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Rock characterisation using percussive drilling
Luleå University of Technology, Department of Civil, Environmental and Natural Resources Engineering.
1998 (English)In: International Journal of Rock Mechanics And Mining Sciences, ISSN 1365-1609, E-ISSN 1873-4545, Vol. 35, no 6, p. 711-725Article in journal (Refereed) Published
Abstract [en]

Despite considerable advantages such as reliable hardware, no disturbance in production, fast analysis and presentation of results and very low operational cost, the use of percussive drill monitoring to retrieve geological and geomechanical information concerns the drilled rock has not become a standard investigation tool in the underground industry. One major obstacle is the analysis of data. The monitored "raw" data can be affected by a significant influence from the operator, who often adjusts the drill settings in order to achieve the best drilling result. Furthermore, the advanced control system on a modern drill rig adjusts drill parameters independently to avoid drilling problems and damage to the drill string and machine. In order to use percussive drill monitoring in industrial applications, the performed analysis must be able to handle variations among monitored drill parameters, but still separate rock dependent variation from other influences on the monitored drilling data. Once the external influences on the drilling data have been normalised only leaving the rock dependant variation, rock properties can be predicted using theoretical or heuristic relations, or calibrated with observed rock conditions using statistical analysis. The method of analysis suggested in this paper is based on a step-wise normalisation of raw drilling data, where hole length dependent variation initially is removed, followed by a normalisation of the thrust dependent variation, and finally, by removing the influence of penetration rate on torque pressure. The analysis shows that major classification errors can be made if raw data are used instead of normalised data. The technique is applied on modern drill monitoring data from three different drilling sites, in crystalline rock masses in Sweden. The drill data selected were obtained during normal drilling conditions, where no special steps had been taken to promote the analysis or the interpretation. Examples from each site show good potential to predict ore boundaries and fracturing based on normalised drill parameters from percussive drilling.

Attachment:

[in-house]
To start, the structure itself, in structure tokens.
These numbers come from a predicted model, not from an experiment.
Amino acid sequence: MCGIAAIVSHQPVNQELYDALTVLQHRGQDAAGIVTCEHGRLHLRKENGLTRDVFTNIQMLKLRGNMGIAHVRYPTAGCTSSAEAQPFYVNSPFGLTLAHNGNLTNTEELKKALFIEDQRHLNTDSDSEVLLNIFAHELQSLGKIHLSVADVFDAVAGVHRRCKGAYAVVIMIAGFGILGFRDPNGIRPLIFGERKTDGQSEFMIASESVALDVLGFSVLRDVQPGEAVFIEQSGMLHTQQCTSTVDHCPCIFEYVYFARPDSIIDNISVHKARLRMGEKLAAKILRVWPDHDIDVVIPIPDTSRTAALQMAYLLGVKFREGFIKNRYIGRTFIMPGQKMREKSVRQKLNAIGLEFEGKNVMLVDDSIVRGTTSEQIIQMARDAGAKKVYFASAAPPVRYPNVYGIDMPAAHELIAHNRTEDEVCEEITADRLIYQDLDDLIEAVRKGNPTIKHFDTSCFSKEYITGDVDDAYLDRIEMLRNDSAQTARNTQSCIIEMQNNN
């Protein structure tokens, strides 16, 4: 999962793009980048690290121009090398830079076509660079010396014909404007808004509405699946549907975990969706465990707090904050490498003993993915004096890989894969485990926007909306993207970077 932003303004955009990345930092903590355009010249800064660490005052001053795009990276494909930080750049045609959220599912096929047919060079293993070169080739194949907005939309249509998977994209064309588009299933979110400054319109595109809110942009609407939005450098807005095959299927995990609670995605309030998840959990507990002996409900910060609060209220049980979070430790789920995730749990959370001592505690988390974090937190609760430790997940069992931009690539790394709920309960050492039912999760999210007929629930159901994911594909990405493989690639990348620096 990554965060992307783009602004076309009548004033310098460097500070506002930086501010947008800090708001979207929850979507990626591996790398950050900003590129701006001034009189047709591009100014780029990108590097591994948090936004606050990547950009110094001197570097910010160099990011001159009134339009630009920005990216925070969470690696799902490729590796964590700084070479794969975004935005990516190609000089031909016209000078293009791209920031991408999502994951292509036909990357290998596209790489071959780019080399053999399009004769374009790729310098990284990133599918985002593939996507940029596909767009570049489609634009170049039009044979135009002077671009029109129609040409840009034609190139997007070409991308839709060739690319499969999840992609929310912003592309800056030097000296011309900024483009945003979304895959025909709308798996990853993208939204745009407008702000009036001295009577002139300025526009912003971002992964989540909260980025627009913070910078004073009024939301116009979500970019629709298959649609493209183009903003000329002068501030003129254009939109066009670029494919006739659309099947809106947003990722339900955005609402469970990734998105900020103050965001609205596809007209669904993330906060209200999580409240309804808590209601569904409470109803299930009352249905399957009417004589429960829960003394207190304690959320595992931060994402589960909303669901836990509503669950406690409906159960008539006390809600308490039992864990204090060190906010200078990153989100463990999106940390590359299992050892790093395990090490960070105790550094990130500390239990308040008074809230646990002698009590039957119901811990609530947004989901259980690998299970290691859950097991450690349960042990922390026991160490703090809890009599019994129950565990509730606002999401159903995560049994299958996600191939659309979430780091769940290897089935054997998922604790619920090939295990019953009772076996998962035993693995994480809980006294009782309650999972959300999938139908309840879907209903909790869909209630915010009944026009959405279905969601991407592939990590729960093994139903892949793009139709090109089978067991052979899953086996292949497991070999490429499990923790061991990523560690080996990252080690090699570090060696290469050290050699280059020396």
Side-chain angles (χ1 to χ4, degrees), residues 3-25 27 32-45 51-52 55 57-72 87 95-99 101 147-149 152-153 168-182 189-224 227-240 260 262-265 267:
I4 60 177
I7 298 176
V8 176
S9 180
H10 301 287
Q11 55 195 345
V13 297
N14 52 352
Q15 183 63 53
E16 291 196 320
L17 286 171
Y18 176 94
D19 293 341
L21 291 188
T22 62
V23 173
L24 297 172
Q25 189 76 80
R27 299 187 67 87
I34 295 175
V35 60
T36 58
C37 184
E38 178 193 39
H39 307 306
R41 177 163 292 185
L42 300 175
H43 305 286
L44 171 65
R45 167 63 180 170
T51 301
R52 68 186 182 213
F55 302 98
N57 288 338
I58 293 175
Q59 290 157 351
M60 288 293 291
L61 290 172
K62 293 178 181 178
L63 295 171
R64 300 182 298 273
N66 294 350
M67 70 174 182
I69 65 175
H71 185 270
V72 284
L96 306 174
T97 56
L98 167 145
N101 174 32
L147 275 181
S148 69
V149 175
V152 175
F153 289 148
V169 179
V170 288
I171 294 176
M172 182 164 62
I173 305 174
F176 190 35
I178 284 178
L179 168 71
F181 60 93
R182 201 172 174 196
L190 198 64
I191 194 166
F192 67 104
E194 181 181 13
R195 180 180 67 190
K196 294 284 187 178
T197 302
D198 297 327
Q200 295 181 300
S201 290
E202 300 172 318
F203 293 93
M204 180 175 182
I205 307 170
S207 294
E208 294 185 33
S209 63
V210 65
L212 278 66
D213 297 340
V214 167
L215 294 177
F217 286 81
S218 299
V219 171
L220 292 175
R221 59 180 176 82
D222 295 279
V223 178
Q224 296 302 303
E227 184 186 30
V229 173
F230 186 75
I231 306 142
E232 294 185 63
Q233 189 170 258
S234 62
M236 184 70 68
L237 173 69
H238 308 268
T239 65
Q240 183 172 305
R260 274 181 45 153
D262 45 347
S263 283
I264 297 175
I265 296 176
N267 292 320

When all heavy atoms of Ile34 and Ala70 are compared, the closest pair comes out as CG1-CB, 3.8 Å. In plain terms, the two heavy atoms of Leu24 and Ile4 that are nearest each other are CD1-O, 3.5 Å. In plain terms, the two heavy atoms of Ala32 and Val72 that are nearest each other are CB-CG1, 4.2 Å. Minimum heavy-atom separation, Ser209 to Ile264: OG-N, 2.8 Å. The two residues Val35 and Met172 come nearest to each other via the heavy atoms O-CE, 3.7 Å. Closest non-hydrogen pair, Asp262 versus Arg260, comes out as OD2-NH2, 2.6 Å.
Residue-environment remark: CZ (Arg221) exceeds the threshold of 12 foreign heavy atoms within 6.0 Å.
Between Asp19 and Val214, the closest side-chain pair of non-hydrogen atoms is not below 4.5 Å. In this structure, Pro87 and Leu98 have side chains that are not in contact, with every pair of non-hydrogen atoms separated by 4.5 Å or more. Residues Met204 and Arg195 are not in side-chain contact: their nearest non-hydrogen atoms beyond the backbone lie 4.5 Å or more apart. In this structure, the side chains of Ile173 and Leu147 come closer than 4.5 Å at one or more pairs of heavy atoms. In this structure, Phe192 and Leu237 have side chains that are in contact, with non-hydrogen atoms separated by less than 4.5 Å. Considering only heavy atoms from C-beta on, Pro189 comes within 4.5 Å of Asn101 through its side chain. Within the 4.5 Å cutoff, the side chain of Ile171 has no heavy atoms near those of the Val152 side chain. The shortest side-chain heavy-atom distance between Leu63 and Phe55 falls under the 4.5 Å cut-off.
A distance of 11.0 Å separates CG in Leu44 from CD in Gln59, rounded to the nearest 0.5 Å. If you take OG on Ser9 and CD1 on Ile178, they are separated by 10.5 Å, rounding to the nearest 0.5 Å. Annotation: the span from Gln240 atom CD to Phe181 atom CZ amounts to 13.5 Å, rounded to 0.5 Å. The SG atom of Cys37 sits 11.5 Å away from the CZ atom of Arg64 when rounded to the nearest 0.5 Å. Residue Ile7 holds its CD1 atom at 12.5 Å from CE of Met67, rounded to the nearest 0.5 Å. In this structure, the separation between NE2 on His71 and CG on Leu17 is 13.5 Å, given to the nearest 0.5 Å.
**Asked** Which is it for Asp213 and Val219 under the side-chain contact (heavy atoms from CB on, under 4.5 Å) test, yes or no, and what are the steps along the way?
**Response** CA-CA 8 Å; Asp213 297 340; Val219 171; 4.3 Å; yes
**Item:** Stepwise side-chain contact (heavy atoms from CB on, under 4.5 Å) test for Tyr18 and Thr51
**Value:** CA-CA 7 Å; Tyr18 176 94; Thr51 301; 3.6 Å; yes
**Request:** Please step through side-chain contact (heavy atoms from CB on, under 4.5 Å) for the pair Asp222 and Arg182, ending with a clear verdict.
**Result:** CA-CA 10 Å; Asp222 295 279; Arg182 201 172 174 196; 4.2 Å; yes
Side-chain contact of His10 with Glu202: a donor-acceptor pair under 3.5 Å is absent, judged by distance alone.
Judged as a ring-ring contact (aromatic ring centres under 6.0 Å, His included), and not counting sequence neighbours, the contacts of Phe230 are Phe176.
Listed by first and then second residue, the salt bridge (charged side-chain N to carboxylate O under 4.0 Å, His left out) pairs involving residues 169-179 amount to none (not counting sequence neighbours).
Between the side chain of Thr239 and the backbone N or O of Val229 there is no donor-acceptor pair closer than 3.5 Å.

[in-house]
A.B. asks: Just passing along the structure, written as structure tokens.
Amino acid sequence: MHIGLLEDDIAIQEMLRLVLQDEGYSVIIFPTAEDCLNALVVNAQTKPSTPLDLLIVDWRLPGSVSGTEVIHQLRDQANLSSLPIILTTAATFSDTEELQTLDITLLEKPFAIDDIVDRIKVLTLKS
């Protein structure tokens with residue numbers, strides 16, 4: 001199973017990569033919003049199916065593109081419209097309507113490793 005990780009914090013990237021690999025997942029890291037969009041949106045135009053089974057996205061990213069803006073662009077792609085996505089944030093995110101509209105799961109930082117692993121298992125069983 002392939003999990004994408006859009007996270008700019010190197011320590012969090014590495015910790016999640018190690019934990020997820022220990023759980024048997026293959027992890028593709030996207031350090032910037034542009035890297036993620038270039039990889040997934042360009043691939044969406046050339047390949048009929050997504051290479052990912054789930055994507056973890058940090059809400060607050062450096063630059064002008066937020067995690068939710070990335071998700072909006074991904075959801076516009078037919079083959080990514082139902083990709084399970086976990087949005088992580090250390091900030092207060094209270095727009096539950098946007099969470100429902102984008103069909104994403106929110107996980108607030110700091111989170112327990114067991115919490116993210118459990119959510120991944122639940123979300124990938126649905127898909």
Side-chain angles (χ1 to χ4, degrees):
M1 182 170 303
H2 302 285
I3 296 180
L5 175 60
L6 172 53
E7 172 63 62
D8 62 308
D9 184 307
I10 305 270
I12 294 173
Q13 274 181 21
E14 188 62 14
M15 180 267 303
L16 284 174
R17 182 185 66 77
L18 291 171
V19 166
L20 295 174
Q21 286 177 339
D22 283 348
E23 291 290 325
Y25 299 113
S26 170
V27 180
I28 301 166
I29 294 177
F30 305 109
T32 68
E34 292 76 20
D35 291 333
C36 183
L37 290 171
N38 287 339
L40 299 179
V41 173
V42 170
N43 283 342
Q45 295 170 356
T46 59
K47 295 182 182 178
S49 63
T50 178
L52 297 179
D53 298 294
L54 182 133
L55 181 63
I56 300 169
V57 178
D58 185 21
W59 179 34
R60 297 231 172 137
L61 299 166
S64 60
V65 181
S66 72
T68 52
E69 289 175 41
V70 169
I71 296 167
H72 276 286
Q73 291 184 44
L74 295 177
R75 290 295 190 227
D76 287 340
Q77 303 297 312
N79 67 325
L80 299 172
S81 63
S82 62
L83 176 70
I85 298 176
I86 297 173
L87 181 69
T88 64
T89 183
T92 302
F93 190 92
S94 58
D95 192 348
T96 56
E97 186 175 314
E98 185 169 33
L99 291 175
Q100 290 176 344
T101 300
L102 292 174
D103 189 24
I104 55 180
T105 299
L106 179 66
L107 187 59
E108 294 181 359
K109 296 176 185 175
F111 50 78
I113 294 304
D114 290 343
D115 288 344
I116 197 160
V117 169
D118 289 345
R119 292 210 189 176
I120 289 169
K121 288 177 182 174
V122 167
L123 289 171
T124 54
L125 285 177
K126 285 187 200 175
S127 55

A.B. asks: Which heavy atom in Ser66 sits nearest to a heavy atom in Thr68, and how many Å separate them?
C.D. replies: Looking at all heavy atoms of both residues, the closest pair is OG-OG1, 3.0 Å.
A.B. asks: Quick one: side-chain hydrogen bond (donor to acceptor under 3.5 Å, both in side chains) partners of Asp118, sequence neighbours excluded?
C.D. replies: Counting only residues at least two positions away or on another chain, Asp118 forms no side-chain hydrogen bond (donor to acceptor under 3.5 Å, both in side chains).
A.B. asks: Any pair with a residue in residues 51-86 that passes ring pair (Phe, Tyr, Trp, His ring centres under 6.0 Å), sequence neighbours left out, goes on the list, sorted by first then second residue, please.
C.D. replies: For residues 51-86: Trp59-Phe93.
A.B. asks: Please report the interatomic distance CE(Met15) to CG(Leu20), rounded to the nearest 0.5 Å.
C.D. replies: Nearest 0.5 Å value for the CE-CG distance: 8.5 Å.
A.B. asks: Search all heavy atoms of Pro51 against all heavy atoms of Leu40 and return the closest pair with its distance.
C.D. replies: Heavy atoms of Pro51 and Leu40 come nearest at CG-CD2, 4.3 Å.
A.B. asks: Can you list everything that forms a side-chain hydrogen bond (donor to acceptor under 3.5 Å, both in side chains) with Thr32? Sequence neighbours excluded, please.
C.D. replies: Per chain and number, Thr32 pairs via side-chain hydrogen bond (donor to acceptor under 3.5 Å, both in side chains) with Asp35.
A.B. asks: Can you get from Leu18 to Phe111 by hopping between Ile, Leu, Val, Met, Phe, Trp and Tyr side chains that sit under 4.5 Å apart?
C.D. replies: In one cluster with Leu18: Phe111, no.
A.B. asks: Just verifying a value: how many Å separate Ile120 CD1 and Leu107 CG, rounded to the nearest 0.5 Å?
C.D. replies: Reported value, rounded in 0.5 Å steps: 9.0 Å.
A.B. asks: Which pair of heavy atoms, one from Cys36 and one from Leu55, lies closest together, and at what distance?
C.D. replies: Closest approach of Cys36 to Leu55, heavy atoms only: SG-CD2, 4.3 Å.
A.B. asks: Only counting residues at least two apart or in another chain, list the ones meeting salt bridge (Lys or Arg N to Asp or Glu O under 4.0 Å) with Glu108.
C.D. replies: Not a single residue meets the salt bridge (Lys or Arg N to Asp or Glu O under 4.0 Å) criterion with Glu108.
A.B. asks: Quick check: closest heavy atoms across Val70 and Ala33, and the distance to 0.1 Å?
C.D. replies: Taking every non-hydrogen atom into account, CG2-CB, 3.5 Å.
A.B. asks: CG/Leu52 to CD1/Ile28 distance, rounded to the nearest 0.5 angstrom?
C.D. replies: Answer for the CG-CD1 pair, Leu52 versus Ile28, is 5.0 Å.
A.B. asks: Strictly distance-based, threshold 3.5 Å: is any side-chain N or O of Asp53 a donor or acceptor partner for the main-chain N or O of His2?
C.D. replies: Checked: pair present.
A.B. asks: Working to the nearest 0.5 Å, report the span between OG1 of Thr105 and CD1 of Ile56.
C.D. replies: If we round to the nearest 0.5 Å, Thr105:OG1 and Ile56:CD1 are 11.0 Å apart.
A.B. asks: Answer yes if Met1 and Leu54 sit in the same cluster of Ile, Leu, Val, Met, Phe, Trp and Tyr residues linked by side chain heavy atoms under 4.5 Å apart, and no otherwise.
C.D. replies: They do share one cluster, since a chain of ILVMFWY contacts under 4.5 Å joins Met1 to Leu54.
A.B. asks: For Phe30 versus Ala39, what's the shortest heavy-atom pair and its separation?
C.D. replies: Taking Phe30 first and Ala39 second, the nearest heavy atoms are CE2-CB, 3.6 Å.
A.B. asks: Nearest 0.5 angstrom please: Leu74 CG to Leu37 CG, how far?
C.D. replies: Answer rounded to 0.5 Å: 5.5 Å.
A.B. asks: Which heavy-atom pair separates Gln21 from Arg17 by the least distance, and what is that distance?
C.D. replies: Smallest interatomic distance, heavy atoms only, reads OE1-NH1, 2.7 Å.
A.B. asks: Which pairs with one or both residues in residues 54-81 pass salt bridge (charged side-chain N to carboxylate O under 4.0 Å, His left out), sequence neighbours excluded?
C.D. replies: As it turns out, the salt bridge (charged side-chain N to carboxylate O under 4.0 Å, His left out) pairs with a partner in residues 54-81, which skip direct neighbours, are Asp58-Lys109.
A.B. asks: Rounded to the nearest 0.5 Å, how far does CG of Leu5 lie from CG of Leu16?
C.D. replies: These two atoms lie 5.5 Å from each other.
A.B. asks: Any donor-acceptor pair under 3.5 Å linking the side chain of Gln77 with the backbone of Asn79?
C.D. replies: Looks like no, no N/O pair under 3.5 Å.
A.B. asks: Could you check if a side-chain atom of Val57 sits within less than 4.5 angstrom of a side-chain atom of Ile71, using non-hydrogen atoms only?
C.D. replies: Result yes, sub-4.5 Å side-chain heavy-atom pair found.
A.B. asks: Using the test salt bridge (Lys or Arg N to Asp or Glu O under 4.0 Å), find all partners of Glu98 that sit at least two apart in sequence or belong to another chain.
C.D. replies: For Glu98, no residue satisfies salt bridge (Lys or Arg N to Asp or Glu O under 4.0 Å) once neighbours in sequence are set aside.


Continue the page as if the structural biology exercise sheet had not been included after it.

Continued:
Place, publisher, year, edition, pages
1998. Vol. 35, no 6, p. 711-725
National Category
Other Civil Engineering
Research subject
Mining and Rock Engineering
Identifiers
URN: urn:nbn:se:ltu:diva-11525DOI: 10.1016/S0148-9062(97)00332-XISI: 000074569800003Local ID: a86b0bc0-b248-11dd-9c9d-000ea68e967bOAI: oai:DiVA.org:ltu-11525DiVA, id: diva2:984475
Note

Godkänd; 1998; 20081114 (bajo)

Available from: 2016-09-29 Created: 2016-09-29 Last updated: 2018-07-10Bibliographically approved

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Schunnesson, Håkan

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